Once upon a time there was little boy. Now I hear you asking yourself, “A little boy? How very unoriginal!” But hold on reader, for this is no ordinary boy. This is a very special boy who has a very unique trait. The reader asks, “A leg made out of soap?” No, my dear reader, that is ludicrous. Legs cannot be made out of soap any more than a boy can be made out of pine. Coincidentally, this boy I am speaking of IS made out of pine. The reader is confused. “Is this Pinocchio?” the reader gruffly asks. No, no my dear reader. This is an entirely different boy, his name is Wooden Boy. Wooden Boy lived in a log cabin. When one thinks of this, they may be a bit put off by the idea of the wooden boy, but the log cabin is certainly digestible. A log cabin is grounded in reality and, unlike Wooden Boy, many of you who are reading may have even SEEN a log cabin. “My uncle owned one.”, replies the reader. Wooden Boy, while comfortable with the cabin, did not enjoy the idea of his situation. For you see, dear reader, Wooden Boy is made of pine and the cabin is made of pine. Now let us take a moment to look at our bodies. The reader and myself are made of flesh and blood, or in Laymen’s terms: meat. How would we feel if we lived in a meat cabin? Now you understand how Pinocchio feels. “Wooden Boy.” Thats what I meant.

For fifteen years Wooden Boy lived in the cabin of his genetic make up, and for those fifteen years he was left pining away at his situation. I apologize for the pun, but that is what he did and I am not going to a thesaurus to change it.


He lamented his predicament.

And so, after this fifteen year time Wooden Boy stepped out the door for the first time. Planting his wooden feet on soil for the first time, Wooden Boy looked to the sky. Three helicopters flew past (in fact, it was the same helicopter making it’s morning rounds which totaled in three passes over the cabin, but Wooden Head is new to the world so cut him some slack). Closing the door behind him, Wooden Boy walked five feet from the cabin and took in his surroundings. The cabin was located atop a mountain, on a small flat of land that wasn’t any bigger than the floor space of his cabin multiplied by two. The ground was a moist brown soil, with the look and consistency of chocolate cake. Wooden Boy leaned in closer and inspected the soil. Scooping up the pillowy brown dirt and holding it close to his two little drilled nostrils, he inhaled deeply. The smell of earth filled his lungs and for the very first time he felt alive. Wooden Boy quickly took back this feeling as he had always believed he was alive, and had no hope of achieving humanity. He had what he believed to be called “woodanity.” Although not the best term, Wooden Boy chose it so we cannot argue with that. Although, a fifteen year time inside could have resulted in something better, but that is my opinion dear reader.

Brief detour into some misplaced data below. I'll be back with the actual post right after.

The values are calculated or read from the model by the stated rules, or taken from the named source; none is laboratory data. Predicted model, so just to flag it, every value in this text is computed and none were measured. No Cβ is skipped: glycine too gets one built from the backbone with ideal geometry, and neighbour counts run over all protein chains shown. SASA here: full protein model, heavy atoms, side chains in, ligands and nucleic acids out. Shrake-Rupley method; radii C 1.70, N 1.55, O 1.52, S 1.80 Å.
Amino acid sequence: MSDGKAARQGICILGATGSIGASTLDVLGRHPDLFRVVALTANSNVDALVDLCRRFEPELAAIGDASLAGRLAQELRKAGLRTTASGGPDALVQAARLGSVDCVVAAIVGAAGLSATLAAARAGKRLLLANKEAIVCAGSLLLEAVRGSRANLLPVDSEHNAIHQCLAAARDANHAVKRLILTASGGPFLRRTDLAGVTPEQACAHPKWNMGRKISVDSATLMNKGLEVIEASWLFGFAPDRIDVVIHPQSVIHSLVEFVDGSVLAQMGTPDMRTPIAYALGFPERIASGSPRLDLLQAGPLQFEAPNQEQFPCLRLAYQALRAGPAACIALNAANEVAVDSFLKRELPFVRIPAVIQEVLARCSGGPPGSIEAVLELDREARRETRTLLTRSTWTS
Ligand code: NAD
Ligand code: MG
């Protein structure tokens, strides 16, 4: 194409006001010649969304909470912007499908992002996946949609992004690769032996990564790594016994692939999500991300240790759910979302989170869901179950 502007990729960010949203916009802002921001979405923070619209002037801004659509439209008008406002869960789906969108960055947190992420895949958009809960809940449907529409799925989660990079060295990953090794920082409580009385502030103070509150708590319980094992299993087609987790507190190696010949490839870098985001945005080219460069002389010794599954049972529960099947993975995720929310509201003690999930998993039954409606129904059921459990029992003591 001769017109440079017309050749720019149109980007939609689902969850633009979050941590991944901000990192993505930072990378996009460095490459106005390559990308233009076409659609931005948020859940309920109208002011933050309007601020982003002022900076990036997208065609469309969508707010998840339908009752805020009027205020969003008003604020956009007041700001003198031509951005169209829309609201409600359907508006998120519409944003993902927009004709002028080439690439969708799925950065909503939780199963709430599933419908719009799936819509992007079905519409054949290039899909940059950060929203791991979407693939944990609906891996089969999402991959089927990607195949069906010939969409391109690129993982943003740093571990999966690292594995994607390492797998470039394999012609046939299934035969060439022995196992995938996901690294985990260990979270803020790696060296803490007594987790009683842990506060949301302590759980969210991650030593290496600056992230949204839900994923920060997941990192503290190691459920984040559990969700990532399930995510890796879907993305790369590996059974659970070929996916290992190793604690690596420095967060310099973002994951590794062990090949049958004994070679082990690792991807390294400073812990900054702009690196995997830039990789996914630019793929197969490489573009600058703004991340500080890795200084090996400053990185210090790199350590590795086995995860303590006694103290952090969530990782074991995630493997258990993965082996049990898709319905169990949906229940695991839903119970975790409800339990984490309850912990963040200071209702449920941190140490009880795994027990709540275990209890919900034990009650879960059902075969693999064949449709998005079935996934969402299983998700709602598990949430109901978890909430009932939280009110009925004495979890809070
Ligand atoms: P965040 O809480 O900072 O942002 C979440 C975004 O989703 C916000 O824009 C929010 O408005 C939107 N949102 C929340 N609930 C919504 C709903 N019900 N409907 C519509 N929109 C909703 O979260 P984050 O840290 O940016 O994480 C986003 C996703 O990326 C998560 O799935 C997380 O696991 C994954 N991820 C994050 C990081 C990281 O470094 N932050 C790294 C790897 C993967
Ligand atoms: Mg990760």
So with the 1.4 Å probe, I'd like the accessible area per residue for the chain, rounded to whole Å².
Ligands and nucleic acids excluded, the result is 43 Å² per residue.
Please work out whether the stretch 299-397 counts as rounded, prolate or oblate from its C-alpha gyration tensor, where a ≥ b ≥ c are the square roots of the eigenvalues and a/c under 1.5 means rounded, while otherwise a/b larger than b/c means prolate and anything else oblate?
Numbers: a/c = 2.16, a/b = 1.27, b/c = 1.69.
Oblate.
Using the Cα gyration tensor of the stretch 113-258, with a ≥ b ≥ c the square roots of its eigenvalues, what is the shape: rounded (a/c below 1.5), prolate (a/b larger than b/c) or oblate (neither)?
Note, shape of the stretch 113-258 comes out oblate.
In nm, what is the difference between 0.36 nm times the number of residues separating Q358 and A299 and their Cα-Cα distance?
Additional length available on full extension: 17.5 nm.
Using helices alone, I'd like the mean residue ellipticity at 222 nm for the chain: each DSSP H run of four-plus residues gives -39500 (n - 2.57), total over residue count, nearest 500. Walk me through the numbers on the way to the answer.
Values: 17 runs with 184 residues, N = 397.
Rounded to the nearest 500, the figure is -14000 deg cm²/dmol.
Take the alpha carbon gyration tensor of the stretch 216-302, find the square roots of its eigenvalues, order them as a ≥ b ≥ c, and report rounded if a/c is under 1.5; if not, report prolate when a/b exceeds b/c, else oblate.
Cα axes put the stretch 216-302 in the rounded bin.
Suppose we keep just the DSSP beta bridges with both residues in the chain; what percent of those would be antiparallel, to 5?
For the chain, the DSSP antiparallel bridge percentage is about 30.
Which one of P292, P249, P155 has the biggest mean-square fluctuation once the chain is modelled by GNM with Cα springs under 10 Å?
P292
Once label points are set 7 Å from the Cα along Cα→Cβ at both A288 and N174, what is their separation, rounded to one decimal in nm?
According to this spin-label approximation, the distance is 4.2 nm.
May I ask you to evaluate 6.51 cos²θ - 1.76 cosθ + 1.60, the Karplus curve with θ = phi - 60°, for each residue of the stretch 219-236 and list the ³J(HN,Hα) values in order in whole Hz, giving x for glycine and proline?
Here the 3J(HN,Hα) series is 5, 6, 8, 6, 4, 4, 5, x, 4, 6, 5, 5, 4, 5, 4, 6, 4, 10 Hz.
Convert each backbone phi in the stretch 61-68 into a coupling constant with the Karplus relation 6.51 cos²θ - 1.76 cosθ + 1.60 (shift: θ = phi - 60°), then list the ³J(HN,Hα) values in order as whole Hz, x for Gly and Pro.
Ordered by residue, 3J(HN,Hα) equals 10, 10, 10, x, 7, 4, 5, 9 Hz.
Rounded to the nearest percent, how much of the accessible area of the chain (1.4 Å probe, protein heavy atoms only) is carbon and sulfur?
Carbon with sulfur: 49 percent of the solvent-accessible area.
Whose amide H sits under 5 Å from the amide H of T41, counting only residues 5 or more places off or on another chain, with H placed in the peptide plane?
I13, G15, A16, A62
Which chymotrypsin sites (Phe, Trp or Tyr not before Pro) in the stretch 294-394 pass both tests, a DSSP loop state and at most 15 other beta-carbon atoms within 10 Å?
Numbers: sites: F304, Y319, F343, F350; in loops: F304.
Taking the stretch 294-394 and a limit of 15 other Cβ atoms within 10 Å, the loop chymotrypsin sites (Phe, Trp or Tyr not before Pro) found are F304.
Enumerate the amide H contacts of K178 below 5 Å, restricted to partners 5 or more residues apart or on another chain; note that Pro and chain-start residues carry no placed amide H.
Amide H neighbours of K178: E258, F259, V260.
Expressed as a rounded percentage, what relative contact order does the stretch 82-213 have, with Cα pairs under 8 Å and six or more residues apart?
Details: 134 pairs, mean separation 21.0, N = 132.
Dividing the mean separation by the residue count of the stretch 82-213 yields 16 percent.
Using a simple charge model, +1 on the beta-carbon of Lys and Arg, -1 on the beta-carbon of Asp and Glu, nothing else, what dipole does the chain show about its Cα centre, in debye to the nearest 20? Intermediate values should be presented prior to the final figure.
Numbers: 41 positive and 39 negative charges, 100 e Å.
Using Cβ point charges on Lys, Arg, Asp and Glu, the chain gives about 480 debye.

Standing up from his ground sniffing, Wooden Boy stared further out from the base of the square plot of soil down onto the land below. The ground consisted not of ground, but of water stretching for as far as Wooden Boy could see. Wooden Boy has good vision so it can be assumed that it was a long ways. Wooden Boy thought of all the things he had seen: three (one) helicopter(s), soil, a mountain and lots of water. Not too much to write home about, thought Wooden Boy. Upon thinking this, he became homesick and thought of his log cabin, now so many feet away. A small ball of wood shavings formed in corner of his eye and fell to the ground with a subtle “fuff.” Wooden Boy turned around and entered his home and closed the door. The 8×8 foot cabin seemed smaller than before, and Wooden Boy began to recount his experiences outside on the 16×16 foot plot of land. He adored his log cabin, but missed the space of the outdoors. Following this thought, he was fearful of the open space of the outdoors and missed the security of his log walls. If only there was a way to combine the two. A wooden light bulb went on in Wooden Boy’s head. He got to work.

Wooden Boy sat on the floor of his 16×16 foot log semblance. The log semblance consisted of forty 8 foot tall logs stuck 2 feet into the ground vertically. Evenly spaced, the logs let in a view of the sky and water below. The floor of the semblance was an 8×8 foot square of wood surrounded by a border of soul. What was once his yard was now his walking path, which he wandered around from time to time. Circling the 8×8 wooden square, he imagined places that he might be walking to. Having only seen what he has seen, he imagined distant lands where a mountain which was surrounded by miles of soil held an 8×8 pool of water at it’s peak. Another favorite land of his was one where everything consisted of helicopters. Even the air was helicopters. All this walking and imagining made him tired and that is why he is where he was when this paragraph began.

And that is where he still is to this day.